In Danielle Evans’ “Someone Ought to Tell Her There’s Nowhere to Go,” tension is introduced in the first sentence. I’d noticed that the stories that I really enjoy are those that introduce tension in this manner because they bring the reader in. Once the story begins with conflict or opens with a big scene, the reader is drawn into the story and is more likely to be patient and interested in the details about the characters and the setting.
In that respect, this story begins with a bang. Evans doesn’t waste any time and begins the story with “Georgie knew before he left that Lanae would be fucking Kenny by the time he got back to Virginia. ” The main character, Georgie, and his eluding love interest, Lanae, establish the main conflict in the story and maintain it throughout. The story has other tensions, minor conflicts involving Georgie and Lanae but all of these are secondary, used to reinforce the primary tension. Evans does a great job of staying focused and not meandering too far away from the primary conflict while at the same time introducing details into Georgie’s life that help illustrate the kind of person that he is. For example, “Now it was a weekday in the suburbs in the lack of human presence made him anxious. He turned the TV on and off four times, flipping through talk shows and soap operas and thinking this was something like what had happened to him: someone had changed the channel on his life.” This line and others like it help show that even an apparent lack of tension contributes to a tense environment in Georgie’s life.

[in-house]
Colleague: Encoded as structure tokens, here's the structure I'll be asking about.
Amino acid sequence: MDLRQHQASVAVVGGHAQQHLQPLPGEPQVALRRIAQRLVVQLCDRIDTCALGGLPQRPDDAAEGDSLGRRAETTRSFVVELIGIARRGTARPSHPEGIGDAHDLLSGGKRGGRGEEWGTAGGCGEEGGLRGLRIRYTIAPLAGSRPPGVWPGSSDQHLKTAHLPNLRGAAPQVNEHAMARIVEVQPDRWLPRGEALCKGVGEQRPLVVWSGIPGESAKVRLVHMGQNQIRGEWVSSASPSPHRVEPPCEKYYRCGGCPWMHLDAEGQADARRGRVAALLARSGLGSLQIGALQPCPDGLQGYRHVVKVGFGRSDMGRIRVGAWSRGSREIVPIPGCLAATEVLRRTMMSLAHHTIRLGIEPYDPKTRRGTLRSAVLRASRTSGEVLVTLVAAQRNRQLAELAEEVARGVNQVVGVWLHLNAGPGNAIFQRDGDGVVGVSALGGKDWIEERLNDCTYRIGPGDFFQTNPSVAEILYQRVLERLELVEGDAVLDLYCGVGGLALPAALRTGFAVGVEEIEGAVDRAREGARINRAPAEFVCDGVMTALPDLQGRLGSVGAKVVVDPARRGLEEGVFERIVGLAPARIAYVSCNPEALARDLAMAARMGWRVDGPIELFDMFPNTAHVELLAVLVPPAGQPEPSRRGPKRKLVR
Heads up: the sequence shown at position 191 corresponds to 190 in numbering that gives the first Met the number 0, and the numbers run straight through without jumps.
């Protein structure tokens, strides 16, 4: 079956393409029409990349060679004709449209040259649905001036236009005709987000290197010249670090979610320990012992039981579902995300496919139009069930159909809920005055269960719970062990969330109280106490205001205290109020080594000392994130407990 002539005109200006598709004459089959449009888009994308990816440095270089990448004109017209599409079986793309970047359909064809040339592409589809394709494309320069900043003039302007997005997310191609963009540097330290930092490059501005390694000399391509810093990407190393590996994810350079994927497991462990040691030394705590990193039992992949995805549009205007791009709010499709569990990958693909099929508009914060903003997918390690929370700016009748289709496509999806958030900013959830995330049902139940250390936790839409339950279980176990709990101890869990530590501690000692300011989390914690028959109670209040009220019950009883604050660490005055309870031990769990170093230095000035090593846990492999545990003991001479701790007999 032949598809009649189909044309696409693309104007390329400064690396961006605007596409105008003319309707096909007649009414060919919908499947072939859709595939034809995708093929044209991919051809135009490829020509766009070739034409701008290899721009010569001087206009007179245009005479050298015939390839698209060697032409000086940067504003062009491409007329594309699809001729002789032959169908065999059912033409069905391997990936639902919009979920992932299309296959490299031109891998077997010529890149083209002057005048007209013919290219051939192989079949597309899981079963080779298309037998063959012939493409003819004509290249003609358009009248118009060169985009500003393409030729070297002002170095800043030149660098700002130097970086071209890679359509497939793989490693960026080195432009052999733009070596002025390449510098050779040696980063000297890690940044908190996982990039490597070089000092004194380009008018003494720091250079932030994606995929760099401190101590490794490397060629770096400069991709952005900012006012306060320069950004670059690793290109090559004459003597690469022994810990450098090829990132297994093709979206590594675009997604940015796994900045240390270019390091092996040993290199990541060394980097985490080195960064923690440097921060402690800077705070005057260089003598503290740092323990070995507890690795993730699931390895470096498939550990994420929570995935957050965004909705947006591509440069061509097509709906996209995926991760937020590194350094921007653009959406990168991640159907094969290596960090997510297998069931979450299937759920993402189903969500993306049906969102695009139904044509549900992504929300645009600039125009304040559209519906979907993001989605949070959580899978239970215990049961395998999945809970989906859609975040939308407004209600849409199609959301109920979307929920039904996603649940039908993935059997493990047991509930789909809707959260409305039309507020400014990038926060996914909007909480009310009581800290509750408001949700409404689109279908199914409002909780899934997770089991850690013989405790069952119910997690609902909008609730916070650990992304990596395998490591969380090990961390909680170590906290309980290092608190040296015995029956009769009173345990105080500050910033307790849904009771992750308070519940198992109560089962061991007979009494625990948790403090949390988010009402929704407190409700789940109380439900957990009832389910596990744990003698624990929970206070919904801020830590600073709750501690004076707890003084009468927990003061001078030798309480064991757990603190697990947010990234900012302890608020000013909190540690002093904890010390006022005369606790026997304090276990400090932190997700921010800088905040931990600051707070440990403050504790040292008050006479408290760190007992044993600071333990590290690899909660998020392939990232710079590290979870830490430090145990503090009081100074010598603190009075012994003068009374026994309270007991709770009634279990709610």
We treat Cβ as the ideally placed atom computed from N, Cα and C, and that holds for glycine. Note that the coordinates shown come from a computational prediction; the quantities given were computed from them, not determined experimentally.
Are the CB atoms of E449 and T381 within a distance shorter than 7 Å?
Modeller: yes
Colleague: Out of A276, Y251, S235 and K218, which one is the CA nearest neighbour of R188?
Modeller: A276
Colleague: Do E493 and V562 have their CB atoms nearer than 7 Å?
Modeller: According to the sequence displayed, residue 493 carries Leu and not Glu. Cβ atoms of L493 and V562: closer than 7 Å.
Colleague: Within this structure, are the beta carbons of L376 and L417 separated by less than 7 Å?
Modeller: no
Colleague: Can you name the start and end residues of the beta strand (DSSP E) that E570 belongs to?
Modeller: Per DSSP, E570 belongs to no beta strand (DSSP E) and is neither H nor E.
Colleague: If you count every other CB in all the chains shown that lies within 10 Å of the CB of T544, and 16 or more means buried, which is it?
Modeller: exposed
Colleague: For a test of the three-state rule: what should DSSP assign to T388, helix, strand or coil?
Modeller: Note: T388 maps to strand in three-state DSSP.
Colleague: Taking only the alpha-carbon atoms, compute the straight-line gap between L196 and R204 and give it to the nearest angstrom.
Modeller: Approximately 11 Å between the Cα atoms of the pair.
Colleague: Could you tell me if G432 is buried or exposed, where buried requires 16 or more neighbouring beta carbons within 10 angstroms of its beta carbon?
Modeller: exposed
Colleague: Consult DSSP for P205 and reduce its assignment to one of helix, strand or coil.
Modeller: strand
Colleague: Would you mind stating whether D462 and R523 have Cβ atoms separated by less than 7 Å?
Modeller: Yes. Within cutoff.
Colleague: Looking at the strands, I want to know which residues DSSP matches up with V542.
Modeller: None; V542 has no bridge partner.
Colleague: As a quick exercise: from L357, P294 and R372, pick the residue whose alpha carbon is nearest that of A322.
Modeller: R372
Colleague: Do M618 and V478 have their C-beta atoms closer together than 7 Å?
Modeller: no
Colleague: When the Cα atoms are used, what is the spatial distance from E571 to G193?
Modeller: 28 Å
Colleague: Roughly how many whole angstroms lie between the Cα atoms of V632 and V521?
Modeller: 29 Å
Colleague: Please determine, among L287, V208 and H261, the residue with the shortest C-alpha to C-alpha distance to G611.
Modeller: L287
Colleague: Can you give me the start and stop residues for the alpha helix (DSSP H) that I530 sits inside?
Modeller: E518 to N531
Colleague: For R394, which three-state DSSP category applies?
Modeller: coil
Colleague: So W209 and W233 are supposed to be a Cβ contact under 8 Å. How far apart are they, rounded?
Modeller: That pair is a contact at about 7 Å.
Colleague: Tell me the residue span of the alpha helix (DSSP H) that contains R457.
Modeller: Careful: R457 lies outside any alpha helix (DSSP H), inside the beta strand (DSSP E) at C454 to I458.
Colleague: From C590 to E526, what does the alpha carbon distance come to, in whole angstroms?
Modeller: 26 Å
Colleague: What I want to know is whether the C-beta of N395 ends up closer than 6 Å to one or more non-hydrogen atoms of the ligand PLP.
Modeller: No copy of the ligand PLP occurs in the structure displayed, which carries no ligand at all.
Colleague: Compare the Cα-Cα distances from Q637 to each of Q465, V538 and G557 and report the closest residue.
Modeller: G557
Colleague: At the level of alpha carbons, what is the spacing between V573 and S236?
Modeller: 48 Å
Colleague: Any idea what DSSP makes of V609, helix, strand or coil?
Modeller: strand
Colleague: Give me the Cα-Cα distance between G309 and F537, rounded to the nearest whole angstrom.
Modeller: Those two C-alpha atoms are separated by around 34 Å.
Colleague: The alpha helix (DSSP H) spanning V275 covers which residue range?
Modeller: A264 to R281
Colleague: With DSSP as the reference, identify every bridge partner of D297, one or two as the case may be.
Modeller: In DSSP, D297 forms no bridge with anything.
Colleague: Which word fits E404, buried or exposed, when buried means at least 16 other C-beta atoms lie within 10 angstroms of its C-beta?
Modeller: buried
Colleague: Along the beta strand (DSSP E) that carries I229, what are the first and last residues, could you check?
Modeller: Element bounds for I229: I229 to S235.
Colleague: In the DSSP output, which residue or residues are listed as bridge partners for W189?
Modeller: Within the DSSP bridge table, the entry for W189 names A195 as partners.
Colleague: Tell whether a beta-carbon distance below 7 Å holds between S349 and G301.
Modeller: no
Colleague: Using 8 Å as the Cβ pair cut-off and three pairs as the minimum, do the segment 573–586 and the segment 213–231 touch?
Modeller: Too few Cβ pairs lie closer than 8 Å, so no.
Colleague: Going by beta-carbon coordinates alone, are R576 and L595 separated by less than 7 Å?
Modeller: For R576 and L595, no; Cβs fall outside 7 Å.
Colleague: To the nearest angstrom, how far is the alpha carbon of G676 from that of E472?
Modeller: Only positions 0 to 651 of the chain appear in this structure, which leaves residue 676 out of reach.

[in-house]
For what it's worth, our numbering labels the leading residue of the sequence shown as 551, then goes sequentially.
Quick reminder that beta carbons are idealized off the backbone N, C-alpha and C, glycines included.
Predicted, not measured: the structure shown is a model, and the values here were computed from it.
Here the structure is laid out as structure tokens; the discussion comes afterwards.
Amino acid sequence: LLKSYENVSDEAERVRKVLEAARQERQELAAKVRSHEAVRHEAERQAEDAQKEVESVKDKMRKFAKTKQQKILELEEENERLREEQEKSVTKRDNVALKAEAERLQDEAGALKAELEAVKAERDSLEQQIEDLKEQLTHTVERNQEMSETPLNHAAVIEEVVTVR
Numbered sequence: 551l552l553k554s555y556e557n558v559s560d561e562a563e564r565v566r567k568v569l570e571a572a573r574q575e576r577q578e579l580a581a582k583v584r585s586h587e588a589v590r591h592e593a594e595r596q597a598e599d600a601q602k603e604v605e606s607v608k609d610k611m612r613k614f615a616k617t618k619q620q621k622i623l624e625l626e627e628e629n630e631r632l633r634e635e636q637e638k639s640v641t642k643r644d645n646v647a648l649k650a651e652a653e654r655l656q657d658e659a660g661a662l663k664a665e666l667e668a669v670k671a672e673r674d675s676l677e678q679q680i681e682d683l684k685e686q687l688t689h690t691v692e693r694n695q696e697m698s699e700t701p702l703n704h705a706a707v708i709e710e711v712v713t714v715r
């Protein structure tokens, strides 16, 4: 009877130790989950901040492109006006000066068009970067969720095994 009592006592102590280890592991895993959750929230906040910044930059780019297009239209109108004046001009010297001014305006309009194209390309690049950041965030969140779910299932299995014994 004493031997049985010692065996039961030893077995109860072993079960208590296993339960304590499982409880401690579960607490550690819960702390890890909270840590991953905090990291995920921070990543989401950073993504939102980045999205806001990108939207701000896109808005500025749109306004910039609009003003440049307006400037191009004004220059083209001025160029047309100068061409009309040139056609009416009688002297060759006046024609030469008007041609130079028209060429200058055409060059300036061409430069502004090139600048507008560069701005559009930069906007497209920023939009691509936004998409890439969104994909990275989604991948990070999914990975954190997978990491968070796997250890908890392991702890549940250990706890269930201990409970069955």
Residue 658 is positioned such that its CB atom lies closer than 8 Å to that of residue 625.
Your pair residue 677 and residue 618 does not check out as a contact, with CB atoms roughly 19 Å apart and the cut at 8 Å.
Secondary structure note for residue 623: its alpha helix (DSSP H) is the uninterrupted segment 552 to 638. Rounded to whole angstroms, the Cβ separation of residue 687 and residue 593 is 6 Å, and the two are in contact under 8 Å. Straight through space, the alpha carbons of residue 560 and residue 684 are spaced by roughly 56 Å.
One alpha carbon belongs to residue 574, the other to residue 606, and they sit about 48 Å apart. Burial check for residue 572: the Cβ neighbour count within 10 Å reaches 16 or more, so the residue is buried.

In the end, the tension between Georgie and Lanae is resolved in that it is doubtful that she will ever speak to him again. This is not the resolution that someone might expect in the beginning of the story but given Georgie’s actions, this is the only resolution that seems plausible. The tension in the story is primarily driven by the plot with some of the contributions coming from character development. Georgie is presented like a lost soul, sad in his desperate desire for Lanae, and perhaps not even her but what she and her daughter represent. I did not notice much attention being paid to the setting other than the occasional mention of suburbia thus tension is primarily build by the plot and the characters. In her attempts to portray lonesomeness and desperation and how these two factors often result in bad decisions, Evans succeeds.